I am being asked for one of my classes to solve 2D Laplace equations with mixed boundary conditions using the Conjugate Gradient method. The equations and conditions are given as: $$ \frac{\partial^2p}{\partial x^2} + \frac{\partial^2p}{\partial y^2}=0\\ p = 0\text{ at x=0}\qquad p=k\text{ at x=1}\\ \frac{\partial p}{\partial y}=0\text{ at y=0, 1} $$ The problem can be represented as $\textbf{Ap}=\textbf{b}$, and should be solvable by finding matrices $\textbf{A}$ and $\textbf{b}$ and applying the Conjugate Gradient algorithm on them. I know that the general form of the $\textbf{A}$ matrix can be written as: $$ \begin{pmatrix} \textbf{J} & \textbf{I} & \cdots & \textbf{0}\\ \textbf{I} & \textbf{J} & \cdots & \textbf{0}\\ \vdots & \vdots & \ddots & \vdots\\ \textbf{0} & \cdots & \textbf{I} & \textbf{J} \end{pmatrix} \text{with }\textbf{J}= \begin{pmatrix} 4&-1&\cdots&0\\ -1 & 4 &\cdots & 0\\ \vdots&\vdots&\ddots&\vdots\\ 0&\cdots&-1&4 \end{pmatrix} $$ where $\textbf{I}$ is the unit matrix.

Translation of the Dirichlet conditions makes the matrix $\textbf{A}$ and vector $\textbf{b}$ become $$\textbf{A}= \begin{pmatrix} \textbf{I}&\textbf{0}&\textbf{0}&\cdots&\textbf{0}&\textbf{0}\\ \textbf{I}&\textbf{J}&\textbf{I}&\cdots&\textbf{0}&\textbf{0}\\ \textbf{0}&\textbf{I}&\textbf{J}&\cdots&\textbf{0}&\textbf{0}\\ \vdots & \vdots & \vdots & \ddots & \vdots & \vdots\\ \textbf{0}&\textbf{0}&\textbf{0}&\cdots&\textbf{J}&\textbf{I}\\ \textbf{0}&\textbf{0}&\textbf{0}&\cdots&\textbf{0}&\textbf{I}\\ \end{pmatrix} \textbf{b}= \begin{pmatrix} 0\\0\\\vdots\\k\\k \end{pmatrix} $$ while the Neumann conditions will modify matrix $\textbf{J}$ as $$\textbf{J}= \begin{pmatrix} 1&-1&0&\cdots&0&0\\ -1&4&-1&\cdots&0&0\\ 0&-1&4&\cdots&0&0\\ \vdots&\vdots&\vdots&\ddots&\vdots&\vdots\\ 0&0&0&\cdots&4&-1\\ 0&0&0&\cdots&-1&1 \end{pmatrix} $$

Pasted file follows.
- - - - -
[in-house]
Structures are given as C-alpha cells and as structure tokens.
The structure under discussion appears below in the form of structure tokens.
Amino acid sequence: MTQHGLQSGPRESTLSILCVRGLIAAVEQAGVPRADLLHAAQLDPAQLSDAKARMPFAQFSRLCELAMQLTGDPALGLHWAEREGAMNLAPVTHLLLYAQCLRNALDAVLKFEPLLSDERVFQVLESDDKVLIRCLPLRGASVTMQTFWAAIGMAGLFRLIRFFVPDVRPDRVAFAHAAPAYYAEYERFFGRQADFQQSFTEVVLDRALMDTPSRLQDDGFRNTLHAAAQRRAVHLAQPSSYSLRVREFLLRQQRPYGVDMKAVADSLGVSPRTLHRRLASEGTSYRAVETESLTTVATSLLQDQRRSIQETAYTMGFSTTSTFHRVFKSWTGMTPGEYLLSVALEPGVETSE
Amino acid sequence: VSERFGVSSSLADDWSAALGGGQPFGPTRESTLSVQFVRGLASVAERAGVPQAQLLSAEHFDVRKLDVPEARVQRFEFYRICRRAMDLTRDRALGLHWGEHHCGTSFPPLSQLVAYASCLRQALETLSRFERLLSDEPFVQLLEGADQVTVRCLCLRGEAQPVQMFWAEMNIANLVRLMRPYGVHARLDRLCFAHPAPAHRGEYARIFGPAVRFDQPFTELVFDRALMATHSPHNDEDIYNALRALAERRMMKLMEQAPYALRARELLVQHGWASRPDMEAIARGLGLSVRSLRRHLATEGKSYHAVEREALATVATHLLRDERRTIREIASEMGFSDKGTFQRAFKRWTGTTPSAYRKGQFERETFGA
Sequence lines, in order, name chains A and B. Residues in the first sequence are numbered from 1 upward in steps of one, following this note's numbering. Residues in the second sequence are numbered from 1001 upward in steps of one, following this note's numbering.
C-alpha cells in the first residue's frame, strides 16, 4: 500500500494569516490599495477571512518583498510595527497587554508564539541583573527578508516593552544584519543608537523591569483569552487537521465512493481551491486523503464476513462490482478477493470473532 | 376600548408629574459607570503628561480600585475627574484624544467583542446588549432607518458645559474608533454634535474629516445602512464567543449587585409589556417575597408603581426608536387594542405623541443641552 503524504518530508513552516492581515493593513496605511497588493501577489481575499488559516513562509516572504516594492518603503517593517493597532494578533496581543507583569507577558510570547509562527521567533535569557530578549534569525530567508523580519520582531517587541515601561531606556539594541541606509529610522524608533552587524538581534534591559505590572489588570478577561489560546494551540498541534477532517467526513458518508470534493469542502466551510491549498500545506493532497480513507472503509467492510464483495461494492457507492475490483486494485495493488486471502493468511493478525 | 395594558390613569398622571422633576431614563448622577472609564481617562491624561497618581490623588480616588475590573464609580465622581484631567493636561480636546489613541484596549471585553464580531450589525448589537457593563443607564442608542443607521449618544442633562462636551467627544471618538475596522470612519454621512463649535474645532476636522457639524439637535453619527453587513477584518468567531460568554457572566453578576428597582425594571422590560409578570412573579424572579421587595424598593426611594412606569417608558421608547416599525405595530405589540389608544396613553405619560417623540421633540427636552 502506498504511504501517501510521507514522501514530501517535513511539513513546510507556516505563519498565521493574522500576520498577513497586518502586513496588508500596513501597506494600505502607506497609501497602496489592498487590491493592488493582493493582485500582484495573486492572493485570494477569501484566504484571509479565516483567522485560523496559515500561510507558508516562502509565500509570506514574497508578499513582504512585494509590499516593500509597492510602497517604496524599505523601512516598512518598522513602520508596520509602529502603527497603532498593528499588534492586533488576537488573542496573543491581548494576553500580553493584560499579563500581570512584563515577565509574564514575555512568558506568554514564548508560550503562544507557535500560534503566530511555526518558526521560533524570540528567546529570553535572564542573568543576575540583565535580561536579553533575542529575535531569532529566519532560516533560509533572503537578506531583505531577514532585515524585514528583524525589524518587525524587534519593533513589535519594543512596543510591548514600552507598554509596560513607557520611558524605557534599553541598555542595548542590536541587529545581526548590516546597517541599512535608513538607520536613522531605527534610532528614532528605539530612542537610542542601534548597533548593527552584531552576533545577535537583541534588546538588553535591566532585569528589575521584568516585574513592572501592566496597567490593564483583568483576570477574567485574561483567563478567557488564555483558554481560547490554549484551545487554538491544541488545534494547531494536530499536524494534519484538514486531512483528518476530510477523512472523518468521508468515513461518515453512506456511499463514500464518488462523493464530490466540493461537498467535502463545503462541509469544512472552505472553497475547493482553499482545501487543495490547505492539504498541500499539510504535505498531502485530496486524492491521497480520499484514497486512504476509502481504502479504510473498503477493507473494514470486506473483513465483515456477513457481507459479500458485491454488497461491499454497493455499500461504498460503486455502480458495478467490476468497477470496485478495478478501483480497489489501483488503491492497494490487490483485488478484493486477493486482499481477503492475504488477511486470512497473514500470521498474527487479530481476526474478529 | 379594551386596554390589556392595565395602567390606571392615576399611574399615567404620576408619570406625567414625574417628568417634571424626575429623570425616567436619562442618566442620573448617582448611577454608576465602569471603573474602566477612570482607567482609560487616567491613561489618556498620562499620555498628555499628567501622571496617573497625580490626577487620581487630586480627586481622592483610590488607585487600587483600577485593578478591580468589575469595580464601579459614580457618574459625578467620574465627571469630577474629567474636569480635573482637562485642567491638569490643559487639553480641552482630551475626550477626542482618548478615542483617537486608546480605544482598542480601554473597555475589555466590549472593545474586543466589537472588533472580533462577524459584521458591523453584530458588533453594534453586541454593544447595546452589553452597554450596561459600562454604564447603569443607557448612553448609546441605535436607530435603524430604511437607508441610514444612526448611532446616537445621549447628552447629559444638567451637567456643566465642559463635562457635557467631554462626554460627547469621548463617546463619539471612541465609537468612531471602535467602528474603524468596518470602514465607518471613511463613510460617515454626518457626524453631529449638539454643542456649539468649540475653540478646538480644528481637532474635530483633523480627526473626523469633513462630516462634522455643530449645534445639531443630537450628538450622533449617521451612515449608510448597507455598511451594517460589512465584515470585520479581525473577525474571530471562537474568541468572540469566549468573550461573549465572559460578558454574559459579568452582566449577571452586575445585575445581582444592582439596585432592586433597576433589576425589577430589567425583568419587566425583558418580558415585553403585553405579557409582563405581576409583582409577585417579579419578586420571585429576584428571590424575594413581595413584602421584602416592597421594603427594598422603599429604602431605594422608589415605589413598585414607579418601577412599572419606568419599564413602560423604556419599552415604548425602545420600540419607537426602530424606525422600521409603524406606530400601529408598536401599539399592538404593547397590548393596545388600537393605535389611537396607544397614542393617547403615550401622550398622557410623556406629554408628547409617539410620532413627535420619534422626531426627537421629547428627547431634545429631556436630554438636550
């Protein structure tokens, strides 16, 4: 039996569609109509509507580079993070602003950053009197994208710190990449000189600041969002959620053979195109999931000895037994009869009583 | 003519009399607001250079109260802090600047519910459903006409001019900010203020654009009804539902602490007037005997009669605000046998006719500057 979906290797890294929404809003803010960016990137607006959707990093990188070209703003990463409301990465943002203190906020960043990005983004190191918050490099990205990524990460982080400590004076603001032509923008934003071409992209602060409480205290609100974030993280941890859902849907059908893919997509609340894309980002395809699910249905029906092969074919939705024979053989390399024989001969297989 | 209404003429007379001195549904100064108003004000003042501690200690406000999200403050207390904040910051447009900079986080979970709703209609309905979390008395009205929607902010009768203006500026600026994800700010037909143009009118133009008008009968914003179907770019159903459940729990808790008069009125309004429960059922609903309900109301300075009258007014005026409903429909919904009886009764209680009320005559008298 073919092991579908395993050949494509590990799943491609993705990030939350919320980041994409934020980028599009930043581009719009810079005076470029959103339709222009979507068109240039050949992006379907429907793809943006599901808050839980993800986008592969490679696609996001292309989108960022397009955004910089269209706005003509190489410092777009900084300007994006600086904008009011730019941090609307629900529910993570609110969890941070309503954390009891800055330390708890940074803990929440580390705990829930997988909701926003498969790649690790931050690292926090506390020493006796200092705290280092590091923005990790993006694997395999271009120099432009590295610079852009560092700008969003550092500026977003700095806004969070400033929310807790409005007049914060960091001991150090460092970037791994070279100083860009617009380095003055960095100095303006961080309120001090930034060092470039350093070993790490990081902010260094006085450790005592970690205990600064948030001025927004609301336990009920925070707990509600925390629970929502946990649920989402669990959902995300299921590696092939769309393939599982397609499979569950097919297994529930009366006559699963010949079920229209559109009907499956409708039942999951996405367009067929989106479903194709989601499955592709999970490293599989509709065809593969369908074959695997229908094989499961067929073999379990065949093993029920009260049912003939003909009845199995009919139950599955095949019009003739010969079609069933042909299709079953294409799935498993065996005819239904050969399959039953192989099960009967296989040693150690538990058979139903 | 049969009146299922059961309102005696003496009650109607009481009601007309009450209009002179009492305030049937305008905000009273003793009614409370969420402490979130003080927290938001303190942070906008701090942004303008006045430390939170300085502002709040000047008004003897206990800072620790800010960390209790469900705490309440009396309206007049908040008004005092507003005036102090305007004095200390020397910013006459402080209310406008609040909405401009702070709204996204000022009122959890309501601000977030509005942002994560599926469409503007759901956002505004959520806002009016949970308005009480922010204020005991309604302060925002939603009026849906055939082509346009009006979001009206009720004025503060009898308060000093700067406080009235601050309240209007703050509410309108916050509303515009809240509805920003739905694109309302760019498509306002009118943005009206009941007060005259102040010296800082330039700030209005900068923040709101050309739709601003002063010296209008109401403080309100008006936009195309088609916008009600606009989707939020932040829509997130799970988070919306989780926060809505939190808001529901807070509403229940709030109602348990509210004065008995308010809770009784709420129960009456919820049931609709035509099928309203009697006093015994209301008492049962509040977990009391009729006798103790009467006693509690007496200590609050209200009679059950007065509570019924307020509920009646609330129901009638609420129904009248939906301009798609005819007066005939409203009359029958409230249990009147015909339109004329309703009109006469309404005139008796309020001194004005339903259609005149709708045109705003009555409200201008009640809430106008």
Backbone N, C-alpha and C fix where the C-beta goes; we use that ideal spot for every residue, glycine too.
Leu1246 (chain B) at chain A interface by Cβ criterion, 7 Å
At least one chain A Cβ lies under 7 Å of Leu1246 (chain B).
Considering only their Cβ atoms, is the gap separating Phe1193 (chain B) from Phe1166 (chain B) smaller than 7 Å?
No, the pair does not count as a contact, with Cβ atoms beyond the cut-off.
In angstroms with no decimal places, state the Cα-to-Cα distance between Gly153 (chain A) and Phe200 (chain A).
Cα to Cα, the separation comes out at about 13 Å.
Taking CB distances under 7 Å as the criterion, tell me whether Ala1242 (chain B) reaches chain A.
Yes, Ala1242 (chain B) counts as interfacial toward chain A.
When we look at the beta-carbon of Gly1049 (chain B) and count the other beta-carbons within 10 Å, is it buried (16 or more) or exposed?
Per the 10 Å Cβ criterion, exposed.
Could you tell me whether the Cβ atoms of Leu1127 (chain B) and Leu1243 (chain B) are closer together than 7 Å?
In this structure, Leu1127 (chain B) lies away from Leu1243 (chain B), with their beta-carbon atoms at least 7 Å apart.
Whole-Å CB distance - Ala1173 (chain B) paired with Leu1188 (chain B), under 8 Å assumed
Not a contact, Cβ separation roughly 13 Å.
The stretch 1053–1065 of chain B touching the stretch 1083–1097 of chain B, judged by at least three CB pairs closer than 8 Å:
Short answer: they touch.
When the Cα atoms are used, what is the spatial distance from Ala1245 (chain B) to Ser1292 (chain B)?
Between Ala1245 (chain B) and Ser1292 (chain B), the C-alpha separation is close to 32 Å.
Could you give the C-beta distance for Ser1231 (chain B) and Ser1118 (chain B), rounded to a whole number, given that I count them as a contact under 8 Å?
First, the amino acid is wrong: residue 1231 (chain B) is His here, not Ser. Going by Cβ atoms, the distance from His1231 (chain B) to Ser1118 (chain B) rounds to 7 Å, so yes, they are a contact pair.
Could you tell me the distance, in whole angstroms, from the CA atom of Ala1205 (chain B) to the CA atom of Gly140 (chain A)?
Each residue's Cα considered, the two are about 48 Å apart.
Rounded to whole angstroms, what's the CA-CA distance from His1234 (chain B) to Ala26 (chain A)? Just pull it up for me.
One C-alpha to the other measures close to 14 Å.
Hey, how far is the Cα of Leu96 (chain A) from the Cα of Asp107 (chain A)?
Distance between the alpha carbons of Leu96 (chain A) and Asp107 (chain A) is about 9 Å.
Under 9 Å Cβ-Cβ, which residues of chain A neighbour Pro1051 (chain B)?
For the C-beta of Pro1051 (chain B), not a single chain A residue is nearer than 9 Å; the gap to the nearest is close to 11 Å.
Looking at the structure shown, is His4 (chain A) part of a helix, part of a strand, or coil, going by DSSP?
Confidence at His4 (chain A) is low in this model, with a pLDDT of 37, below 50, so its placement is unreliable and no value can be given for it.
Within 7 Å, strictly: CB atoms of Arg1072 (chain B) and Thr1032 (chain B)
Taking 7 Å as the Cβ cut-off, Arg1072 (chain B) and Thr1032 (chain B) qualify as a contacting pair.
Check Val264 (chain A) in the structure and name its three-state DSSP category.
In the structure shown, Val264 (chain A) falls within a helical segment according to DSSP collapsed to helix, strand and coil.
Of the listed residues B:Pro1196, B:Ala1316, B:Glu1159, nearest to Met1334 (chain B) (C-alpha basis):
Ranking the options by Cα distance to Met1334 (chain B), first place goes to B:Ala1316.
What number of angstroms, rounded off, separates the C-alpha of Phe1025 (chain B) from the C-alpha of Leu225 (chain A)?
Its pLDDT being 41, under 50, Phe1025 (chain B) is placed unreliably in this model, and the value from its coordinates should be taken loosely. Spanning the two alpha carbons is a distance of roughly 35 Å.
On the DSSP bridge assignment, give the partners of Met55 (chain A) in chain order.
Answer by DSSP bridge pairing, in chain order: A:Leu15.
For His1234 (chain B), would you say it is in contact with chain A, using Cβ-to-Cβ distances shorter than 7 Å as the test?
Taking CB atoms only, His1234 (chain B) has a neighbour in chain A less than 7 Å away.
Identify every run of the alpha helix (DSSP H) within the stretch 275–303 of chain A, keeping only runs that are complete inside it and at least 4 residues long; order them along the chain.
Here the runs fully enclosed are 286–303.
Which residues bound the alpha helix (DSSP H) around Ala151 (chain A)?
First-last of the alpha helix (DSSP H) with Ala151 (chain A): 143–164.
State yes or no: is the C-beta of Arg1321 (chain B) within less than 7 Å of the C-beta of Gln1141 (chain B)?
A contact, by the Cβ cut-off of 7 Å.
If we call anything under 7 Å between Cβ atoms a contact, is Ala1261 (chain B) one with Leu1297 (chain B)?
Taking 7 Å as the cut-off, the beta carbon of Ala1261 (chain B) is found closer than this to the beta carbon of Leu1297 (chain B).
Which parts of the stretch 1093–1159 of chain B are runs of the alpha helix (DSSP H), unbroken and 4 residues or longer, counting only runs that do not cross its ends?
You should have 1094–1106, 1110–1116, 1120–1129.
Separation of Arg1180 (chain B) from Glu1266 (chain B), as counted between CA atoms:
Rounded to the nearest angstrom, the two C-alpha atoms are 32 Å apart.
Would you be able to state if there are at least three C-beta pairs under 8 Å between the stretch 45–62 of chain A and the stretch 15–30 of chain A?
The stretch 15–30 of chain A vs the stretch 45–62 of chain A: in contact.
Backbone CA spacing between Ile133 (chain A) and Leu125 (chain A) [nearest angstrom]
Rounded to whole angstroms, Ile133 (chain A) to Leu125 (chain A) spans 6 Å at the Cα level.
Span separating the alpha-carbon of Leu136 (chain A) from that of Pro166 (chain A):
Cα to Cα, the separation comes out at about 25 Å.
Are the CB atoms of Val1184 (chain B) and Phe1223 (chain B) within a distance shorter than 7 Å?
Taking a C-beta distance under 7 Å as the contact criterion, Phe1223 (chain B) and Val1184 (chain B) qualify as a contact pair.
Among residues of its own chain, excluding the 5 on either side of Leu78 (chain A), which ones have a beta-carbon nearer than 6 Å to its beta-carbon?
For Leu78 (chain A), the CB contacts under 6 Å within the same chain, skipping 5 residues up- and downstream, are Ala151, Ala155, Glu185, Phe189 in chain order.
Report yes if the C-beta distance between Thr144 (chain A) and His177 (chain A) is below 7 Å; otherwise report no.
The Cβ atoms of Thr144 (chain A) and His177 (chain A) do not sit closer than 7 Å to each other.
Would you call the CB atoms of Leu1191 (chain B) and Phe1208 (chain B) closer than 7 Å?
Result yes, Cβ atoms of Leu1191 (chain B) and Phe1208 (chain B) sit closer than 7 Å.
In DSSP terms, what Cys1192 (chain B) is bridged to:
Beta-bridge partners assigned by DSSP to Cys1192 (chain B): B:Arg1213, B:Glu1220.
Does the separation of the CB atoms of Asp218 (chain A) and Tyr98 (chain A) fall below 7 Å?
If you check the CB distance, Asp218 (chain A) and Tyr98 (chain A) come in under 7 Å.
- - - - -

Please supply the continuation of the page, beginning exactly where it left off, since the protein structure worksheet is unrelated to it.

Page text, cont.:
As you can see, this has made my matrix $\textbf{A}$ become asymmetric and indefinite. What makes it not usable for the Conjugate Gradient algorithm...

Do you know how to still apply the conjugate gradient method on this problem, without having to use a preconditioner?


2 Answers 2


For the matrix $A$ and vector $b$ subtract the first (block) row from the second row, and, analogously, subtract the last row from the one before last. In such way you eliminate the unknowns for Dirichlet boundary condition and the resulting (remaining) matrix $A$ becomes again symmetric and positive definite.


I think Peter's answer is more likely what you're looking for, but to provide an additional view:

You can move your BCs to the right hand side:

$Ap = b$ $A(p_{interior}+p_{BCs}) = b$ $A p_{interior} = b - Ap_{BCs}$

The resulting system should be symmetric, or nearly symmetric, and might require slight modification similar to what Peter suggests (depending on if your data is cell centered or cell cornered). The advantage with this approach is that the BCs can be perceived as a source term, and removed from the left hand side.


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